Perhaps owing to opening-night jitters, the eager-to-please cast that I heard was of variable quality. In the demanding title role, Christine Goerke was magnificent when enraged (which, fortunately, is much of the time), less sure when reflective. Her lack of a genuine trill took a good deal of the magic out the enchantress. Lauren Skuce, in the showy part of Morgana, and Jennifer Dudley, as the aggrieved Bradamente, were eye-catching but lacking in dramatic color. Keith Jameson’s Oronte and Joshua Winograde’s Melisso sang with sensitivity and strength. In the trouser role of Ruggiero, Katharine Goeldner, a young American mezzo-soprano previously unknown to me, was stunning-”boyishly” beautiful of manner, alive to every nuance of one of Handel’s richest heroic roles. A woman sitting next to me who’s highly placed in the music business whispered, “She has it all.”
I wish I could report that Jennifer Welch-Babidge, whom I heard a few nights later in the title role in Donizetti’s Lucia di Lammermoor , made as unequivocal an impression. In a P.R. coup, her appearance was front-page news in The Times -not because of any advance excitement over her vocal prowess, but because she was singing opera’s maddest heroine as a six-months-pregnant mother. An attractive young woman with a compelling stage presence and a pretty though not terribly penetrating soprano, she managed to flaunt her “delicate” condition in a fetching petticoat-without breaking character. (The libretto gives no hint that Lucia might be pregnant by her illicit lover Edgardo, but the production made a persuasive case for it.) In the opera’s famous mad scene, she italicized Lucia’s breakdown with so much twitching and lurching that she threatened to blow down the set-a corrugated Scottish cliff that turned a variety of colors from bleak to garish.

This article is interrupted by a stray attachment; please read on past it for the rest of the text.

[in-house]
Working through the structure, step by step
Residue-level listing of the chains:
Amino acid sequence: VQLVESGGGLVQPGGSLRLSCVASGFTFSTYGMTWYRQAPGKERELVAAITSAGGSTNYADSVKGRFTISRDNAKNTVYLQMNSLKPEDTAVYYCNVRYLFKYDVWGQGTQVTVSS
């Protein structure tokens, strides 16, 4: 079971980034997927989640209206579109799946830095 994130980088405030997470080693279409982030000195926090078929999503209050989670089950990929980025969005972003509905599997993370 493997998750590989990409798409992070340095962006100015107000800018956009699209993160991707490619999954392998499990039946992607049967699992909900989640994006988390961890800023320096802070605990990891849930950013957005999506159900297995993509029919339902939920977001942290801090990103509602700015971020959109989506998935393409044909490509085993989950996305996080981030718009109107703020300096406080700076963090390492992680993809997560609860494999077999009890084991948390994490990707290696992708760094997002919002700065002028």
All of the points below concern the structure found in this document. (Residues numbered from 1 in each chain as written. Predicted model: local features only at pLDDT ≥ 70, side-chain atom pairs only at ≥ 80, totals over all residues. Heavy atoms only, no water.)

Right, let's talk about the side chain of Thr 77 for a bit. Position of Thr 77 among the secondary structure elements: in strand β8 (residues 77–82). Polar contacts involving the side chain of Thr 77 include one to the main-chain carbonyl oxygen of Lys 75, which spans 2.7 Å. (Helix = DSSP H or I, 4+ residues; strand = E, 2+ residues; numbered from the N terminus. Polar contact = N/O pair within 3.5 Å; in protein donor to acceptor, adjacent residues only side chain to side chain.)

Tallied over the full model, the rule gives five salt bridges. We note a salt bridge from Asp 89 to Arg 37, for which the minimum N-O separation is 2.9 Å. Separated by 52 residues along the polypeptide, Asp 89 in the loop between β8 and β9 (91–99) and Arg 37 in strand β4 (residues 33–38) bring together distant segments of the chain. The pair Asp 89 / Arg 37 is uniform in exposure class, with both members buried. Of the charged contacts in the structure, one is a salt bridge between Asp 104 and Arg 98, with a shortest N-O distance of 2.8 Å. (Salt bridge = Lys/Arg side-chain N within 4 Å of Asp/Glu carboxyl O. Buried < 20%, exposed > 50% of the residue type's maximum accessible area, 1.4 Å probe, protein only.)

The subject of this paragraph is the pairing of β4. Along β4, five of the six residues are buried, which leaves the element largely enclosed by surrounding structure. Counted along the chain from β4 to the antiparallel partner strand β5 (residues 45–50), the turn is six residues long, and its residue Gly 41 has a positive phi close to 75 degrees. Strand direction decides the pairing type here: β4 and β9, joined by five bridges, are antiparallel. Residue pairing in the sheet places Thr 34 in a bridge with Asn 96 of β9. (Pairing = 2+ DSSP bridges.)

She was terrifically well supported by Stephen Powell’s bullying Lord Enrico, the Edgardo of Jorge Antonio Pita, an exceptionally promising young Cuban tenor with a fine command of bel canto style, and the propulsive conducting of George Manahan. Despite some inexplicable costuming choices-Lord Enrico’s men appeared to be outfitted by L.L. Bean; their ladies were veiled and swathed in long red chiffon-this Lucia worked viscerally. For her considerable pre-labors, Ms. Welch-Babidge earned a standing ovation fit for a Mother of the Year.
On the ovation scale, however, it paled next to the tumult that followed Lorin Maazel’s conducting of Mahler’s Fifth Symphony with the New York Philharmonic. In the first half of the program, the orchestra made an excellent showing with the world premiere of Stephen Hartke’s Symphony No. 3, which had been commissioned for the anniversary of the Sept. 11 attack. An ambiguously tonal 30-minute work set to an anonymous Anglo-Saxon poem from the Dark Ages that mournfully describes a great ruin, it managed to sound at once archaic and contemporary. The performance, which featured the unusual combination of four male voices (the superb Hilliard Ensemble) hovering over a great swarm of strings, was beautifully balanced and dolefully clear.
Then the heavens opened: Maestro Maazel, with a showman’s flourish, pulled back the curtain on one of Mahler’s most resplendent extravaganzas. Not since the heyday of Herbert von Karajan in Berlin have I heard an orchestra so responsive to a conductor’s iron-clad will; far from resenting the hated hall, the musicians seemed to revel in the bright, hard acoustics to the point where you could practically see your face in the gleam of the brass. Would they have sounded any better at Carnegie? Absolutely not. Yet I felt strangely unmoved, even during the celebrated, shimmering adagietto. Maestro Maazel never leaves anything to chance, never lets his players lose themselves, as it were, in the music. As is typical of this most technically equipped of conductors, the effect was overwhelmingly impressive. Still, the performance lacked what the Germans call Innigkeit -that inner spirituality without which Mahler is merely exhilarating and not the deeply intimate poet we love.